Turkey’s biggest headache, its crashing currency which the central banks appears unable to contain due to an Erdogan order not to hike rates, could soon translate into another major problem. According to two senior economy officials, Turkish inflation could reach double digits in the first quarter for the first time in almost five years as a result of the lira’s falls, putting more pressure on the central bank to hike interest rates.
The lira has dropped as much as 10 percent since the start of 2017, battered by concern over Turkey’s political and economic outlook and doubts about whether the authorities will take decisive steps to arrest the slide. Earlier in the day, Turkey’s deputy prime minister, Numan Kurtulmus in an interview with AHaber TV, reiterated the party line that the lira weakening is the result of political manipulation. He also said that ‘an intelligence organization’ might be behind the new year’s eve attack in a nightclub in Istanbul, the latest terrorist attack on Turkish soil, which has added to concerns about local geopolitical instability, further destabilizing the tourism-heavy economy.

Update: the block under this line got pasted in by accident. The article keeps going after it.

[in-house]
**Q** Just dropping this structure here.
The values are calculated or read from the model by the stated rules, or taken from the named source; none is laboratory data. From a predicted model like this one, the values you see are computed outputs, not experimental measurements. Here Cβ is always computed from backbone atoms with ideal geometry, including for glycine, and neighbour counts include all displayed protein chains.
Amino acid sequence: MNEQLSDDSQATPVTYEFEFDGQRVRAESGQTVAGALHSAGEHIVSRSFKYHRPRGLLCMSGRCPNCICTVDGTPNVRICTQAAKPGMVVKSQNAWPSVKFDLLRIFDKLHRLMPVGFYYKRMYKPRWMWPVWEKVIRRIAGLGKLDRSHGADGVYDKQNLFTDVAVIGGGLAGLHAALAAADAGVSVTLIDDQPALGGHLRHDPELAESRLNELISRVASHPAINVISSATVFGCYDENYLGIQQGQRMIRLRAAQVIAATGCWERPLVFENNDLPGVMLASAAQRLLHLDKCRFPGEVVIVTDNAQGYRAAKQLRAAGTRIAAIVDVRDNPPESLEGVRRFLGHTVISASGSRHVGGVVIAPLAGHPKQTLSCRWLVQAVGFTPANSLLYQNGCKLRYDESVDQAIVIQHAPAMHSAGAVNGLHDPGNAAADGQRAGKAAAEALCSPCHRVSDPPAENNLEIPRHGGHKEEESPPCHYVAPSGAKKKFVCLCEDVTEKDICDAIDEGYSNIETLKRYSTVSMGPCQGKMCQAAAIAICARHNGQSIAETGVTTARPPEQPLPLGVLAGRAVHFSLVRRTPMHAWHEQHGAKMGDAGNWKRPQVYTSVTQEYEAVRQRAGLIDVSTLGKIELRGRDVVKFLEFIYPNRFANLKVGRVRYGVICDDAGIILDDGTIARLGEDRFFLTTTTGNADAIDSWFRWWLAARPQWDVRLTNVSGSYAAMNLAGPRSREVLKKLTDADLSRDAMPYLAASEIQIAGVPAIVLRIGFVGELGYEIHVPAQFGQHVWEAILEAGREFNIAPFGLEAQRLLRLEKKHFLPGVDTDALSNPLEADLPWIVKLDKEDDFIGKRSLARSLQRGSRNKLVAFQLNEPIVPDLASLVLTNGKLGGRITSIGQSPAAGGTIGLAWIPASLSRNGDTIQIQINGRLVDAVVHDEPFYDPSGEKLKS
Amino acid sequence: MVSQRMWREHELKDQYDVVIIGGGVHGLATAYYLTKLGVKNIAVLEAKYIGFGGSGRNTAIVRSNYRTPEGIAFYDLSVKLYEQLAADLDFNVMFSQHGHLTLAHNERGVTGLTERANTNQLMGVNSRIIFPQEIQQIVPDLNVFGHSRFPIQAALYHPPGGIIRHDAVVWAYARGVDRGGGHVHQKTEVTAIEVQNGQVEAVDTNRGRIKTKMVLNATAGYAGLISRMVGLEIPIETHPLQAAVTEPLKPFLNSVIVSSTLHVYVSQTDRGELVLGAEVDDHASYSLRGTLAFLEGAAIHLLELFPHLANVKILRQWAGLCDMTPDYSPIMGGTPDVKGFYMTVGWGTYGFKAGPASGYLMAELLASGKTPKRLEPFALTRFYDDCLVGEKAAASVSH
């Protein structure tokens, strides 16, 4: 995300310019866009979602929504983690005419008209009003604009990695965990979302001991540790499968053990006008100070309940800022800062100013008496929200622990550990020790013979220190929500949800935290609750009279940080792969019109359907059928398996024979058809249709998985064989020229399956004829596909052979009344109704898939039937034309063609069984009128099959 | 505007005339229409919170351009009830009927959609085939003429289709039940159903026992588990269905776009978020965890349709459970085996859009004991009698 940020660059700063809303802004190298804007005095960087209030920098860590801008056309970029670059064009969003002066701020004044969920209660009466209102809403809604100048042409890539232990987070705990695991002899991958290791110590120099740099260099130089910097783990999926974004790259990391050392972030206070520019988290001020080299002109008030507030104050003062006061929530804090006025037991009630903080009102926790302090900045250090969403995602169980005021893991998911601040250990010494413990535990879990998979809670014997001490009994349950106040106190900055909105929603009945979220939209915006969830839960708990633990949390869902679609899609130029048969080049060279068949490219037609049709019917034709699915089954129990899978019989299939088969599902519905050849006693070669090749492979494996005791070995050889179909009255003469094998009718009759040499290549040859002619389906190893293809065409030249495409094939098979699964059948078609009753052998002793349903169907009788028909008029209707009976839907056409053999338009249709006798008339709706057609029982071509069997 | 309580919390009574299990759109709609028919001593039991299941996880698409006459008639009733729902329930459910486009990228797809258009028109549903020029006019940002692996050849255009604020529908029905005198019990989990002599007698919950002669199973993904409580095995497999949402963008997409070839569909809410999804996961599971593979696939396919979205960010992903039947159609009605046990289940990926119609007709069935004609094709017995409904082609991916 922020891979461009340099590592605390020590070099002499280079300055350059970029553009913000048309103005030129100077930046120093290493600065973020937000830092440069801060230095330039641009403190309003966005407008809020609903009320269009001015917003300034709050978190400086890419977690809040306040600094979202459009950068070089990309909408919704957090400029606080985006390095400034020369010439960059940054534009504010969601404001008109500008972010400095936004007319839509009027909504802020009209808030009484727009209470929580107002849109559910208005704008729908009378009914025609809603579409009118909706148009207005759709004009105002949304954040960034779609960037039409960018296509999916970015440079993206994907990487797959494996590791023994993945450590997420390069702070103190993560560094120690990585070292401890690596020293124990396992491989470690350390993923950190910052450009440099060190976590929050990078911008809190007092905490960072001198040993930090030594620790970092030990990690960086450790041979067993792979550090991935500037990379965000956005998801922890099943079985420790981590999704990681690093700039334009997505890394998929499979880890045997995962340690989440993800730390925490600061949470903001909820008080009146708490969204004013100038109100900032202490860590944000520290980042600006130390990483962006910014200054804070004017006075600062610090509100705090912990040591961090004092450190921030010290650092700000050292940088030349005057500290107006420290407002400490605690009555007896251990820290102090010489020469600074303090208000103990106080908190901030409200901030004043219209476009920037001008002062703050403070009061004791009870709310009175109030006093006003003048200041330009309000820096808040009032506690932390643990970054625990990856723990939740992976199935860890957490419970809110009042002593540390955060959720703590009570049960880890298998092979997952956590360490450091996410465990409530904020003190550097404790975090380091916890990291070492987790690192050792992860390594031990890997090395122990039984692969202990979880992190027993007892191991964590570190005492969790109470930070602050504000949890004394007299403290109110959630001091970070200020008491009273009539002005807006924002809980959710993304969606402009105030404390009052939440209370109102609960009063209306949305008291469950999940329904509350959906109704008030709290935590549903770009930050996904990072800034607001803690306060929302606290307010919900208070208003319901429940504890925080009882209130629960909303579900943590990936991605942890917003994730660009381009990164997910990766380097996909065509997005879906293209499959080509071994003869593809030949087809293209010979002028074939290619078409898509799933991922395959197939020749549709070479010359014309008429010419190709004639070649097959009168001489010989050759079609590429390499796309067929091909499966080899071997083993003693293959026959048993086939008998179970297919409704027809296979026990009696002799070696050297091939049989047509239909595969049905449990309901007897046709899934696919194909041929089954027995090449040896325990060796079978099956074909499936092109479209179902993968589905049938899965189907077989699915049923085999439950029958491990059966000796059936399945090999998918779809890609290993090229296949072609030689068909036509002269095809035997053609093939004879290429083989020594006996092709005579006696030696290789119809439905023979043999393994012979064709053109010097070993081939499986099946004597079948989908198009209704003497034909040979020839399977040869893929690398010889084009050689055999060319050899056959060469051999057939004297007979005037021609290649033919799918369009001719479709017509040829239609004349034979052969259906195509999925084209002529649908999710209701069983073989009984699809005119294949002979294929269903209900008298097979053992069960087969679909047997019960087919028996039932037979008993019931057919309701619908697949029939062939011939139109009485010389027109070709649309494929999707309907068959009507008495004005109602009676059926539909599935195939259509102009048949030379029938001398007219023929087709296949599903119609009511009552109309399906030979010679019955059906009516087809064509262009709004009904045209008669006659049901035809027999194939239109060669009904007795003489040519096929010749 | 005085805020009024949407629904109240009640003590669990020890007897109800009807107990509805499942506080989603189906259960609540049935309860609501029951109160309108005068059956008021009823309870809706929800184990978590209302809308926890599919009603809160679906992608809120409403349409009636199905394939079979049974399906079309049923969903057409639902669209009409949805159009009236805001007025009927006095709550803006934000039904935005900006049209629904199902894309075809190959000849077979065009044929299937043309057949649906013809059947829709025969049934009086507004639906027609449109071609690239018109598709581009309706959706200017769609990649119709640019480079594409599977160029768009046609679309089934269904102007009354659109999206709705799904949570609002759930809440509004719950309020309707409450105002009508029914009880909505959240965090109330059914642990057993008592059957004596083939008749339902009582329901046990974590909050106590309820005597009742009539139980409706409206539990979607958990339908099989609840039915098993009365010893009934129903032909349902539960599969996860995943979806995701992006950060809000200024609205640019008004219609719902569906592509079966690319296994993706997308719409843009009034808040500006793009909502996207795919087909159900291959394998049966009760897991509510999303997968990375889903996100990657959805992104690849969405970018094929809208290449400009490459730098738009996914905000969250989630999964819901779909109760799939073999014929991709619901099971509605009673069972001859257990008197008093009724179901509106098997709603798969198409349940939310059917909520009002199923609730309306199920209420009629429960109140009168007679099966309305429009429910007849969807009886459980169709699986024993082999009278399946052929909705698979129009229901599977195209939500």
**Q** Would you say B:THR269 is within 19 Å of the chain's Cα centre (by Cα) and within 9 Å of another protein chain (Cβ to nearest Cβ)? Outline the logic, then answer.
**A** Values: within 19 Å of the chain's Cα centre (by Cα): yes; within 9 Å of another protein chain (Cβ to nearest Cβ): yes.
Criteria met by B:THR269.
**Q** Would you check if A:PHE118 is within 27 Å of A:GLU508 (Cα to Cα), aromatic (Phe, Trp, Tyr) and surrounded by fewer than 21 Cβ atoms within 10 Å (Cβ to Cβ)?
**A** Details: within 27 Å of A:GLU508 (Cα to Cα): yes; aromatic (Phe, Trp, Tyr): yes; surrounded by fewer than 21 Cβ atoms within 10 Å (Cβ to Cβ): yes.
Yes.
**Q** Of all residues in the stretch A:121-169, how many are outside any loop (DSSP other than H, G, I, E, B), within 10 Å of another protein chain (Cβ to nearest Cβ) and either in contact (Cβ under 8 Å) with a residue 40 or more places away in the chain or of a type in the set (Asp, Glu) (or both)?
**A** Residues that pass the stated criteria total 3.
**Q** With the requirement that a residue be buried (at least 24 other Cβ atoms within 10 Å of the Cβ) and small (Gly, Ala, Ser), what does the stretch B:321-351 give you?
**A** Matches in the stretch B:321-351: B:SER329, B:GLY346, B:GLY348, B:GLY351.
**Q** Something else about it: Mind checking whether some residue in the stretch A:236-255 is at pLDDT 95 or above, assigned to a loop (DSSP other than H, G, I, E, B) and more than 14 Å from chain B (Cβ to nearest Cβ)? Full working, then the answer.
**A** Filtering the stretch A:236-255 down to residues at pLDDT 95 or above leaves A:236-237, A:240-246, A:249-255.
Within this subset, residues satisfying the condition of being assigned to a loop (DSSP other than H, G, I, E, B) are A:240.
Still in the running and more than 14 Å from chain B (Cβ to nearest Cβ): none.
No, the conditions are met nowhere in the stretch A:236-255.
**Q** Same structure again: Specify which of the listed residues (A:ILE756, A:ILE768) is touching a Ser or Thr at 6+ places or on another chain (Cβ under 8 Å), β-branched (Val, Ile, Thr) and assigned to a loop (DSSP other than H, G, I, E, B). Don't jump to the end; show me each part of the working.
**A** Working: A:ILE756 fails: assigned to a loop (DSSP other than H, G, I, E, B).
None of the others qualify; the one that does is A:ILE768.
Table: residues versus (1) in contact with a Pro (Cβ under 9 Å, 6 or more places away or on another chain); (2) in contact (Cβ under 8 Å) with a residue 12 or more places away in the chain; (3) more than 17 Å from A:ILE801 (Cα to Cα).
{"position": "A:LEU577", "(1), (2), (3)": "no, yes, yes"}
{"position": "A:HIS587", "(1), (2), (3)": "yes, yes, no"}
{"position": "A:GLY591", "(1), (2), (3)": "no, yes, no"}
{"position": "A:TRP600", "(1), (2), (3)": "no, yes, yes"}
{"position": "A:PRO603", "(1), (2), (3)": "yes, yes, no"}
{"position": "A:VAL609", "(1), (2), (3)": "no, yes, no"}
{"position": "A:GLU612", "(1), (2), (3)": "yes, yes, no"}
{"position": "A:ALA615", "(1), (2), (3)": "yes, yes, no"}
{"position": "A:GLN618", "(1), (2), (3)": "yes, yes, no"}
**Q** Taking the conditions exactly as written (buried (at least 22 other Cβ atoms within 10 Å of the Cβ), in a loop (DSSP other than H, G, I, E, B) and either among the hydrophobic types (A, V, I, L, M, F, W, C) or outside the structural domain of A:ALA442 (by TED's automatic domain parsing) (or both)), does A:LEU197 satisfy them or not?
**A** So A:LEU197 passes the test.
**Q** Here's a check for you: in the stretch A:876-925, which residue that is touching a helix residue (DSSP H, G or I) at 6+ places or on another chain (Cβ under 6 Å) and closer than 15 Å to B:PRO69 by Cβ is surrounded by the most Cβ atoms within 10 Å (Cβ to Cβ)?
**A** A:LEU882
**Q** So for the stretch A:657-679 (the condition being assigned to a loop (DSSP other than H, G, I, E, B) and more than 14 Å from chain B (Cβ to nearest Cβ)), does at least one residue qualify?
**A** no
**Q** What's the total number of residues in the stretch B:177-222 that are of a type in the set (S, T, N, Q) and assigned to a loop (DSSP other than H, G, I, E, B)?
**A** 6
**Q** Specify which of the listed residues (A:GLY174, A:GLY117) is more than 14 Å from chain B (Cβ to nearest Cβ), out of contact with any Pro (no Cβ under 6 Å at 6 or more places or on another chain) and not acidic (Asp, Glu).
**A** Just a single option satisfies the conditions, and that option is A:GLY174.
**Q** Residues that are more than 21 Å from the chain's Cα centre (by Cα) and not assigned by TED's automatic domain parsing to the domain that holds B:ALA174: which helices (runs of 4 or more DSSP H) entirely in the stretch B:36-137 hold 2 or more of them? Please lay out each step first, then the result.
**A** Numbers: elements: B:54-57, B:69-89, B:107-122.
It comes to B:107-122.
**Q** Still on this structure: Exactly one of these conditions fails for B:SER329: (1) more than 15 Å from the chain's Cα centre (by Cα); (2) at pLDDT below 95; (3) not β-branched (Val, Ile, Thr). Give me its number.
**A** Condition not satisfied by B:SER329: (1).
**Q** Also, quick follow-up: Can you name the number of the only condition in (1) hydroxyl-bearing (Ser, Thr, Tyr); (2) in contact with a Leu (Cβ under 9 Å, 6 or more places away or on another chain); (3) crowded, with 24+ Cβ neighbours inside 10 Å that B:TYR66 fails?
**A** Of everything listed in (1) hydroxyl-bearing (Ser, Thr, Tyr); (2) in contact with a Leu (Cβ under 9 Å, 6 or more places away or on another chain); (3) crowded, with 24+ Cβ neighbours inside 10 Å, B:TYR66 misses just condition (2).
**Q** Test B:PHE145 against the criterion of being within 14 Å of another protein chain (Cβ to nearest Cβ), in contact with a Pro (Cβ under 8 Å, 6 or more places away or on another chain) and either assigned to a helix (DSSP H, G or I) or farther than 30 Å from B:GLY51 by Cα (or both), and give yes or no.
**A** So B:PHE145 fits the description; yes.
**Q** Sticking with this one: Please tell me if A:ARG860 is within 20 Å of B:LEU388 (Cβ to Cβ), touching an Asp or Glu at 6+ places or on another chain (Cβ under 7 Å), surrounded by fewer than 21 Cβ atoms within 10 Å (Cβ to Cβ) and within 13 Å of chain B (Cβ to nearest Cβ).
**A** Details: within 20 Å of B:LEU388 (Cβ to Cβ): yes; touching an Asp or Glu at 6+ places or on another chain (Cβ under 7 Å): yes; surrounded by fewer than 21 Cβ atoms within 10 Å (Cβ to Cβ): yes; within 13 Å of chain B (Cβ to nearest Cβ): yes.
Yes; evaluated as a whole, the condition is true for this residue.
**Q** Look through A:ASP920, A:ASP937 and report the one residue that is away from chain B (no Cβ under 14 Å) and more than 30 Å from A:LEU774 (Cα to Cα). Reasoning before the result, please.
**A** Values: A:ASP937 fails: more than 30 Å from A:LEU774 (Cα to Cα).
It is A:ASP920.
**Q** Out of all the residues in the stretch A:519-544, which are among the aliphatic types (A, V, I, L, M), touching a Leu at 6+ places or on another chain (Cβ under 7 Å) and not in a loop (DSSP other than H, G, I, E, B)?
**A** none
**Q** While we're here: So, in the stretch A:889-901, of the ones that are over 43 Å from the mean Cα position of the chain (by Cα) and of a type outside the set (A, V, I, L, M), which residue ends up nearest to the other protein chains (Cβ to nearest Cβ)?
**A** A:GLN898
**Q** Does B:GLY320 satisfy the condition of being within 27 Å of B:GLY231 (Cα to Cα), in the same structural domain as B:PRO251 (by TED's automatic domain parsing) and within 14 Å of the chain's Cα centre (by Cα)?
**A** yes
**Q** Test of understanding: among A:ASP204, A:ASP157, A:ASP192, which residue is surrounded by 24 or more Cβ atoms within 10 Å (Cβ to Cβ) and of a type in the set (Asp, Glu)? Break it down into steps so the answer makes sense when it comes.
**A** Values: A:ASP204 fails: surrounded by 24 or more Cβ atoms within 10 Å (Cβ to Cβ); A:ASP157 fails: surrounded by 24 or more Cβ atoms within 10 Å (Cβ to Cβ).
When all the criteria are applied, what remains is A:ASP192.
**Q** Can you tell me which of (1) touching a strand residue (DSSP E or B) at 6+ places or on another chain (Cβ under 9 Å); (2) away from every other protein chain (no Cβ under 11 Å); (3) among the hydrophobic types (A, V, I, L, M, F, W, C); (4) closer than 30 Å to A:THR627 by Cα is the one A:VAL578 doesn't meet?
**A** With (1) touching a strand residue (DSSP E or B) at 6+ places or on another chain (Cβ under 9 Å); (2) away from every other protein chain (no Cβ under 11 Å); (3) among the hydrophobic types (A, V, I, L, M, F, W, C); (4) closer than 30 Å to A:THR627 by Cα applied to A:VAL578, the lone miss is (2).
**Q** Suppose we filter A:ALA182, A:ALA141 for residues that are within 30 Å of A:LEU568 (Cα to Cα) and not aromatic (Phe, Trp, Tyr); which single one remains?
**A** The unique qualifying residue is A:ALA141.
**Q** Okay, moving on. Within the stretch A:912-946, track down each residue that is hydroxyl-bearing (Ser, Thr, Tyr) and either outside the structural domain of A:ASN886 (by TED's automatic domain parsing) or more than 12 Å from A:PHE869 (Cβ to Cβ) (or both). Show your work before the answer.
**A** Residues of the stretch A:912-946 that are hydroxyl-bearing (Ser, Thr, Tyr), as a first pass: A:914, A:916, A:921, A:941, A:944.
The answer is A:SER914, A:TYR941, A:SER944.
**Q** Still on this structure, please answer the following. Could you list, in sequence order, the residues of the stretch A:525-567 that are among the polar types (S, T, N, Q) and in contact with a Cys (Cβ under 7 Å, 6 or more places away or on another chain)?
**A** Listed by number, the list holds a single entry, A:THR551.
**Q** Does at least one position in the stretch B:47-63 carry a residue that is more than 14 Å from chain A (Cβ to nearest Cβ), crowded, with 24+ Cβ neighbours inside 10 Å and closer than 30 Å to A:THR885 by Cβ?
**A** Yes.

According to Reuters, President Tayyip Erdogan, a vocal opponent of higher interest rates, will meet with economy officials including the central bank governor later on Monday to discuss developments including the lira, government sources said. Earlier on Monday, the central bank effectively shut off two of its lira funding taps, bankers said, in an attempt to push lenders to borrow at a higher rate and defend the currency without an outright rate hike. The lira was trading at 3.80 to the dollar, at the day’s lows, off a recent record low of 3.9417 hit last Wednesday.
This post was published at Zero Hedge on Jan 16, 2017.